The two biggest chunks of closing costs are the down payment for the house and your lawyer's fees. Before you close on the house, you'll need to know how much these are going to be (sometimes you'll need to pay by certified check). In addition to writing up a contract, which specifies exactly which piece of property is being sold by which seller to which buyer on what terms and what exactly is included in the sale (appliances, furniture, yard and its contents, phone line, etc.), your lawyer will also performs a title check to make sure that the seller of the property is really the owner and that he or she has the right to transfer ownership to you. The lawyer will also investigate if there are any other legal claims on the property.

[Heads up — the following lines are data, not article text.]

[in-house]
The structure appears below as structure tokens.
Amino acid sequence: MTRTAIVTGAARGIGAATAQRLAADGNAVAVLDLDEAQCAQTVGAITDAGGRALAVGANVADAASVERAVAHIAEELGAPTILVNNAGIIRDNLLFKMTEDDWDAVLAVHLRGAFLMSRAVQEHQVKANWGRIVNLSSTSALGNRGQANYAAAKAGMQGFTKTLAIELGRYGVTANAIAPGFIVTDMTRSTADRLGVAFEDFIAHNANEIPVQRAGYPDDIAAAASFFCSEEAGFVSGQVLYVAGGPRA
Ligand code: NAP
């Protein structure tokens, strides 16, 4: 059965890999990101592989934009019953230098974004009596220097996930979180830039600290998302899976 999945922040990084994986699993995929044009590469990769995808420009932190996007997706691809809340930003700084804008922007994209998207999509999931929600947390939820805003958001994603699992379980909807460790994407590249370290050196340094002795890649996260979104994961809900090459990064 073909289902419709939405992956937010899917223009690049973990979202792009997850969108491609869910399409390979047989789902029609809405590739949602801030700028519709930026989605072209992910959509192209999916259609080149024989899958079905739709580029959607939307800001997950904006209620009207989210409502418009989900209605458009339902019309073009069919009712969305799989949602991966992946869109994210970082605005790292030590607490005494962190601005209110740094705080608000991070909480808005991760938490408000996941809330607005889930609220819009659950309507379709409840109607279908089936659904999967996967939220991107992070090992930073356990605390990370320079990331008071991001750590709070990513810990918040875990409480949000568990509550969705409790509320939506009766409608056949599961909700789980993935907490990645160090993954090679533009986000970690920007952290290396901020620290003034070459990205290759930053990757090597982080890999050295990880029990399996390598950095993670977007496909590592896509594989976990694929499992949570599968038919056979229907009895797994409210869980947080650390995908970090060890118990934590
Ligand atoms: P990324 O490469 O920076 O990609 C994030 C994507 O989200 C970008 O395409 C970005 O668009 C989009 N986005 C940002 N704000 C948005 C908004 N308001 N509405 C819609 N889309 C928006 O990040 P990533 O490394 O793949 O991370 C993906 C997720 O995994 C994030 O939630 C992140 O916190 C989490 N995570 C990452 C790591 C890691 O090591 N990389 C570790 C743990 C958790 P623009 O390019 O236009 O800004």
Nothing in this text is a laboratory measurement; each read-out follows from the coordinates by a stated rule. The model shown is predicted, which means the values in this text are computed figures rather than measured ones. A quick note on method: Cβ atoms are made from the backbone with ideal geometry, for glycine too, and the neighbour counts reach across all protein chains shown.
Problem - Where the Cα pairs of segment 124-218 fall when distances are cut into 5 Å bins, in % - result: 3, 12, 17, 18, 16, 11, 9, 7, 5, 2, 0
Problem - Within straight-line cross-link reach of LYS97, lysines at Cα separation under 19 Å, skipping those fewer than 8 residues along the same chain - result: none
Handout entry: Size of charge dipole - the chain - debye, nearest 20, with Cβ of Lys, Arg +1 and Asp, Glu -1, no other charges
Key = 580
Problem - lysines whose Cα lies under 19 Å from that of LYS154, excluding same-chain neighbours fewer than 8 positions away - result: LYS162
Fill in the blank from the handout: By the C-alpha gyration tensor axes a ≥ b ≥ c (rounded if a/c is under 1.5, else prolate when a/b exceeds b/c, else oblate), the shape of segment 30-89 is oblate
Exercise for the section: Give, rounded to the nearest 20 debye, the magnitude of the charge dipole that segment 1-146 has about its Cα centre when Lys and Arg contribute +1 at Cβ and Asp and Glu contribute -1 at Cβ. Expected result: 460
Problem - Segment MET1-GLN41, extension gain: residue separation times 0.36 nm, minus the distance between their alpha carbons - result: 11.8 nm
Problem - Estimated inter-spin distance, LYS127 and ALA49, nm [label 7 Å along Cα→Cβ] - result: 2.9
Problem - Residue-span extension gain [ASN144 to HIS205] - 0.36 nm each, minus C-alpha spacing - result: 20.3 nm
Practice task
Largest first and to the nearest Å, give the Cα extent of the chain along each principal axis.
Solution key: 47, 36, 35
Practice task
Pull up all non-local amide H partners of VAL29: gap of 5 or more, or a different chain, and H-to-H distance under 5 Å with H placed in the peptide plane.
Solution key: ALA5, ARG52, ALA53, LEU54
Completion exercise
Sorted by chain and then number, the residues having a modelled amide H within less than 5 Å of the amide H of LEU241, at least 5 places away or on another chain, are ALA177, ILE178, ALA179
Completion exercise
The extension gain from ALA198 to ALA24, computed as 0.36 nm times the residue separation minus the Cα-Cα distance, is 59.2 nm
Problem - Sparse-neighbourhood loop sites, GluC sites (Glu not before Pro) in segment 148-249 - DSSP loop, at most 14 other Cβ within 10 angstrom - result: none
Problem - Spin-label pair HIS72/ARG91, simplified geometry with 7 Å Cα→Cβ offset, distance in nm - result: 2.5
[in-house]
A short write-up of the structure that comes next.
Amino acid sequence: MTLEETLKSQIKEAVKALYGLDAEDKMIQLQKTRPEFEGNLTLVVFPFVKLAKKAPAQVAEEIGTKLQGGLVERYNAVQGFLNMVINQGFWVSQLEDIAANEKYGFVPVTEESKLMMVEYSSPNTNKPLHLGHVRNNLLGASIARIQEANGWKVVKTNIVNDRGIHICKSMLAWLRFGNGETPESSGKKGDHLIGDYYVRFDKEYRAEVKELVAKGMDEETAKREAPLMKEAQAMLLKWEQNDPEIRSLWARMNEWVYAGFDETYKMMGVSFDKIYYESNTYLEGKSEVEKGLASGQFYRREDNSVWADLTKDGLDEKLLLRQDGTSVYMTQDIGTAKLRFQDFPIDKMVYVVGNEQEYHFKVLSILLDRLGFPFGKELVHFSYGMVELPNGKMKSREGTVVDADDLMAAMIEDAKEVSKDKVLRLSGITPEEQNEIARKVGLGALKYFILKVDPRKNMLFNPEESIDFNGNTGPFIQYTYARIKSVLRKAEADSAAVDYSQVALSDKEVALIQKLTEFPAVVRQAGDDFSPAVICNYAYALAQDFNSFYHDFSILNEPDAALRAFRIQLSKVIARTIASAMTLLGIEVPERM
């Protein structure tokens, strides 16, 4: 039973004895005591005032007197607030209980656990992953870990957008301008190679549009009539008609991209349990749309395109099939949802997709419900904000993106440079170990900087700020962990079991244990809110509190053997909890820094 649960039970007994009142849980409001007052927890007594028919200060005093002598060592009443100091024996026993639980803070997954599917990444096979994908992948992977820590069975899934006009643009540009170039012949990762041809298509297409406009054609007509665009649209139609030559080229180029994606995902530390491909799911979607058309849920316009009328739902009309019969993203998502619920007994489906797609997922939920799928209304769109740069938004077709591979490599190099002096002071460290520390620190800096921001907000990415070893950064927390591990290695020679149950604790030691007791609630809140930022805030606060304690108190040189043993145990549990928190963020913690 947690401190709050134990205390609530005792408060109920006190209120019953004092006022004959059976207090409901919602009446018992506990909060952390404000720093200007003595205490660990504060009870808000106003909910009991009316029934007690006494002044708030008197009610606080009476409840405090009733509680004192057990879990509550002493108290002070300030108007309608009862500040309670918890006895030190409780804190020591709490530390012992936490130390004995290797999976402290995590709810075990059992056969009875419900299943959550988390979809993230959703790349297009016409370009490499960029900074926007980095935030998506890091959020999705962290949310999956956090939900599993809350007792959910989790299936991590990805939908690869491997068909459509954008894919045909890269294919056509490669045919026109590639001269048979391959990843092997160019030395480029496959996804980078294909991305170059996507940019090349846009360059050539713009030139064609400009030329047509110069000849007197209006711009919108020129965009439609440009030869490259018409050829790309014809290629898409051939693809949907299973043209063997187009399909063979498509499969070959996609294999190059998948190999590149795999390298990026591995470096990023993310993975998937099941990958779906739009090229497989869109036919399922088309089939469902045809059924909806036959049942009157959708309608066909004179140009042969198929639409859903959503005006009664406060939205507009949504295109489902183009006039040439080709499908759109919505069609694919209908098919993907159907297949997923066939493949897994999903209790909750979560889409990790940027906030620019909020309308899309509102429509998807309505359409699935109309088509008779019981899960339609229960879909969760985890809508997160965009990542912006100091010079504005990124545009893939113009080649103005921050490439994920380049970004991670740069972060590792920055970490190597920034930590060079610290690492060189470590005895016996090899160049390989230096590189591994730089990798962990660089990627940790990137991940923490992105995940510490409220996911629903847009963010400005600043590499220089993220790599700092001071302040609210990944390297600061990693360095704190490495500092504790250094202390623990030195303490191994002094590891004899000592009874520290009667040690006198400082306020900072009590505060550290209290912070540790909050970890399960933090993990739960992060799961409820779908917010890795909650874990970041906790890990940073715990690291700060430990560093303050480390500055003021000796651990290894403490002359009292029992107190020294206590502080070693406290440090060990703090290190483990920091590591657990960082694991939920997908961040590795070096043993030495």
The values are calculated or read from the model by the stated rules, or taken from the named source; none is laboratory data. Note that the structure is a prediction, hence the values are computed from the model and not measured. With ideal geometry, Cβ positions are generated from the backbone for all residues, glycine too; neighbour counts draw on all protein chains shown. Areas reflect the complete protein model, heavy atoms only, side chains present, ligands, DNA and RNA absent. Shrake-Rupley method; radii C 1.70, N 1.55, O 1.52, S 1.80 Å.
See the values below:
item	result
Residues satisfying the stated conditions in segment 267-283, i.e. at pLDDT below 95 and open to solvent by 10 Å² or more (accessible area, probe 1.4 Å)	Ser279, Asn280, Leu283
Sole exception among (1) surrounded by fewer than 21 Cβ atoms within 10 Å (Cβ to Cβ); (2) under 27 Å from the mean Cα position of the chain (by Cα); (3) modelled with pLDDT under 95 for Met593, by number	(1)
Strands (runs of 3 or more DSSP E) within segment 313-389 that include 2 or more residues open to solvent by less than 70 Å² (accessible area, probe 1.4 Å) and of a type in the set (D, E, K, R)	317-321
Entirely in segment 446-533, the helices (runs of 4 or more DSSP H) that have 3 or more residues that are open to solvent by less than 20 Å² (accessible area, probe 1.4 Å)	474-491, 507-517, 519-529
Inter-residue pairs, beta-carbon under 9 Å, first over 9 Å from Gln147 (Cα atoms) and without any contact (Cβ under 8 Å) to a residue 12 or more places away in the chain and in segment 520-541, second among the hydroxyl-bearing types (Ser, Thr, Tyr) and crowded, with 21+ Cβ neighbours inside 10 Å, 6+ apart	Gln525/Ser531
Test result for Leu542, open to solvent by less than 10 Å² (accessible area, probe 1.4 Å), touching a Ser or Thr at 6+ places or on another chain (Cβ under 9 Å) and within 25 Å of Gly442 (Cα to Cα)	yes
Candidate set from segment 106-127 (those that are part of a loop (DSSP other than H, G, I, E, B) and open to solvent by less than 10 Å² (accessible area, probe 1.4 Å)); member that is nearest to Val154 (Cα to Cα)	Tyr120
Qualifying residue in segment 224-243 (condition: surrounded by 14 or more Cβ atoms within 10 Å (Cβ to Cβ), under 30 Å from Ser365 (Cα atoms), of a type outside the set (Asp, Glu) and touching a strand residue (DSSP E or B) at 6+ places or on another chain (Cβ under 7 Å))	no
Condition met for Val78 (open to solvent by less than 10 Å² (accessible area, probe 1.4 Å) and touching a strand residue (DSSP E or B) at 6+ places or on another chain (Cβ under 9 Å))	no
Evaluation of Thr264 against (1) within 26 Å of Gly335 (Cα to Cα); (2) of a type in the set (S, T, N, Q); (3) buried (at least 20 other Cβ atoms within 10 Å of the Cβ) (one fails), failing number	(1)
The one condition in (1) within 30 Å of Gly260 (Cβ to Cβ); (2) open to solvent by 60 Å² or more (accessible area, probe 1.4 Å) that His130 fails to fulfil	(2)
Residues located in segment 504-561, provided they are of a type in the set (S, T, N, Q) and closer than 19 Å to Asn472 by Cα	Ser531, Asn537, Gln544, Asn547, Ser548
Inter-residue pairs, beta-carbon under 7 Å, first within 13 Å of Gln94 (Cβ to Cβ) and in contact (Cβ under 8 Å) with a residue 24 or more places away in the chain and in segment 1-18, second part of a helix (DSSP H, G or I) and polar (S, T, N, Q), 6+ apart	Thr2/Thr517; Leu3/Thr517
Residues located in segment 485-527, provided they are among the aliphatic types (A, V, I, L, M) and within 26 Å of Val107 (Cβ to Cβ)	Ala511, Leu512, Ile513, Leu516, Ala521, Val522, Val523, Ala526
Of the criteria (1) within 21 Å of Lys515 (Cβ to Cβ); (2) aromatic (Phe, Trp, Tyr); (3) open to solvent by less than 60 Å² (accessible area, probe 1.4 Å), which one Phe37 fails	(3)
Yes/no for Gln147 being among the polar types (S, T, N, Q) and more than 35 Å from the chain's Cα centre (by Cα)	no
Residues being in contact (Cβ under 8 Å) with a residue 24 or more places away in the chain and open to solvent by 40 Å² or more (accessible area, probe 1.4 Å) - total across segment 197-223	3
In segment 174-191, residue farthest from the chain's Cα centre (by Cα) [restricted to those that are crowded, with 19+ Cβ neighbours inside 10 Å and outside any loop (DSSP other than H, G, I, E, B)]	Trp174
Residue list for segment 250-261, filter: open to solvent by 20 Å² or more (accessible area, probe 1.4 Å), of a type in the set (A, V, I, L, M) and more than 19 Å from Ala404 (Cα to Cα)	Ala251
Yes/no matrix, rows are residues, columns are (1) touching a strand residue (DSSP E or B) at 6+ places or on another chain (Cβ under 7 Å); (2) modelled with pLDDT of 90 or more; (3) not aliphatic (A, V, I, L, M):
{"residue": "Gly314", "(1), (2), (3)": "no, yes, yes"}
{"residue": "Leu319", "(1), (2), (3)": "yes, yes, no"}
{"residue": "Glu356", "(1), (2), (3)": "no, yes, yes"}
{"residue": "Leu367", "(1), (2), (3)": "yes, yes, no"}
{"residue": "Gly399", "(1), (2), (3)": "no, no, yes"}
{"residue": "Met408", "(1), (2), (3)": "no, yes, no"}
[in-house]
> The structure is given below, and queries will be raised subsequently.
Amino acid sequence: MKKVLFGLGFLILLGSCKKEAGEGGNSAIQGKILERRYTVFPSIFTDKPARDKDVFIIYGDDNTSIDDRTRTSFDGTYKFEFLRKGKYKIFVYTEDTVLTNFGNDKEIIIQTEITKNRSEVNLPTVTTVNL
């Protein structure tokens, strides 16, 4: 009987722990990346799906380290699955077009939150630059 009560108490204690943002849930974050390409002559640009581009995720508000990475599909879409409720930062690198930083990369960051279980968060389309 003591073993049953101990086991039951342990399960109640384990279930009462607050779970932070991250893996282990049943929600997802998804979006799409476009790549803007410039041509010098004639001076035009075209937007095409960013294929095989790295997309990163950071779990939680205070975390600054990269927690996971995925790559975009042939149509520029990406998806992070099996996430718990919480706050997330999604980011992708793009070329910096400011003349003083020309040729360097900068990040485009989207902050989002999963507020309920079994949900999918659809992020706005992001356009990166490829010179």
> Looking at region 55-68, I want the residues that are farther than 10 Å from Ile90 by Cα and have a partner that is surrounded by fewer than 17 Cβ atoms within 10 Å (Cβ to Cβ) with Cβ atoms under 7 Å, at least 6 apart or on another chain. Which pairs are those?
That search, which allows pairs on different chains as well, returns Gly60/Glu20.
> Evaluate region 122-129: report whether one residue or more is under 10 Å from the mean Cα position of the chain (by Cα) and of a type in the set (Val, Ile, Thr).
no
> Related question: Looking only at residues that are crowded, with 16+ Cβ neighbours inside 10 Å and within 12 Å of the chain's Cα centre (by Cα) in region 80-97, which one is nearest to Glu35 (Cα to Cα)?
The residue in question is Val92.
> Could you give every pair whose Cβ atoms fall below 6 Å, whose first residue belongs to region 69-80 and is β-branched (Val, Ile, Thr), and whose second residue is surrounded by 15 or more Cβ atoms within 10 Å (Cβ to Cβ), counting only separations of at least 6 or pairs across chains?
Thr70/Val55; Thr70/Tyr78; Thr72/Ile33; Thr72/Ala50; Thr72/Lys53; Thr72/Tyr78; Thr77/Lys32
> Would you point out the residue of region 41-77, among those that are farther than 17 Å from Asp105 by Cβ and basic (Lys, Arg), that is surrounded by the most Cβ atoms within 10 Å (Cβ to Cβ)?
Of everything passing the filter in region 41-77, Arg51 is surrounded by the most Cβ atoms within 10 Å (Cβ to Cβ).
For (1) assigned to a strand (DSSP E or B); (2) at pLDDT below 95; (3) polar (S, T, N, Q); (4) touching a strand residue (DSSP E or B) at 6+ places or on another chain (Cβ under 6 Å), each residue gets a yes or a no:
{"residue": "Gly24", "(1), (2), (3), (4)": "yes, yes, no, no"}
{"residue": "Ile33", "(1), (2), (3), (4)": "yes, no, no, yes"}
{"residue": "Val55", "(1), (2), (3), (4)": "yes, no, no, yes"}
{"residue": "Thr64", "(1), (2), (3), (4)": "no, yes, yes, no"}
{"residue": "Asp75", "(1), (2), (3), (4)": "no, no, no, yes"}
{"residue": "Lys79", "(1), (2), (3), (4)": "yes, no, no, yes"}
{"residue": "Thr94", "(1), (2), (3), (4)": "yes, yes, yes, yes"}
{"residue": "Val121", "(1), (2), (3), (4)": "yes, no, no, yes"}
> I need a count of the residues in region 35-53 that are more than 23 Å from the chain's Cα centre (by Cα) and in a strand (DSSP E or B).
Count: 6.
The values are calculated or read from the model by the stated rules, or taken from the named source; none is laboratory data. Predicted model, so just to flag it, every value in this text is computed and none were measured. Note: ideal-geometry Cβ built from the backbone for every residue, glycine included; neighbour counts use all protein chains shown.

There will be a large stack of papers for you to sign at the time of closing, including the settlement statement, title insurance, the sales contract, homeowner's insurance (which you've already secured, but which now starts covering the house), and the title to the property. You may have to initial each page of the contract, signing your full name at the end; so make sure you allow yourself enough time to go through all of this paperwork (a typical closing can take a few hours). Arrive at the lawyer's office well rested, as occasionally something unexpected comes up and you may have to make a decision or offer an alternative choice. Last-minute changes are not unheard of at house closings, so you have to be prepared for any eventuality.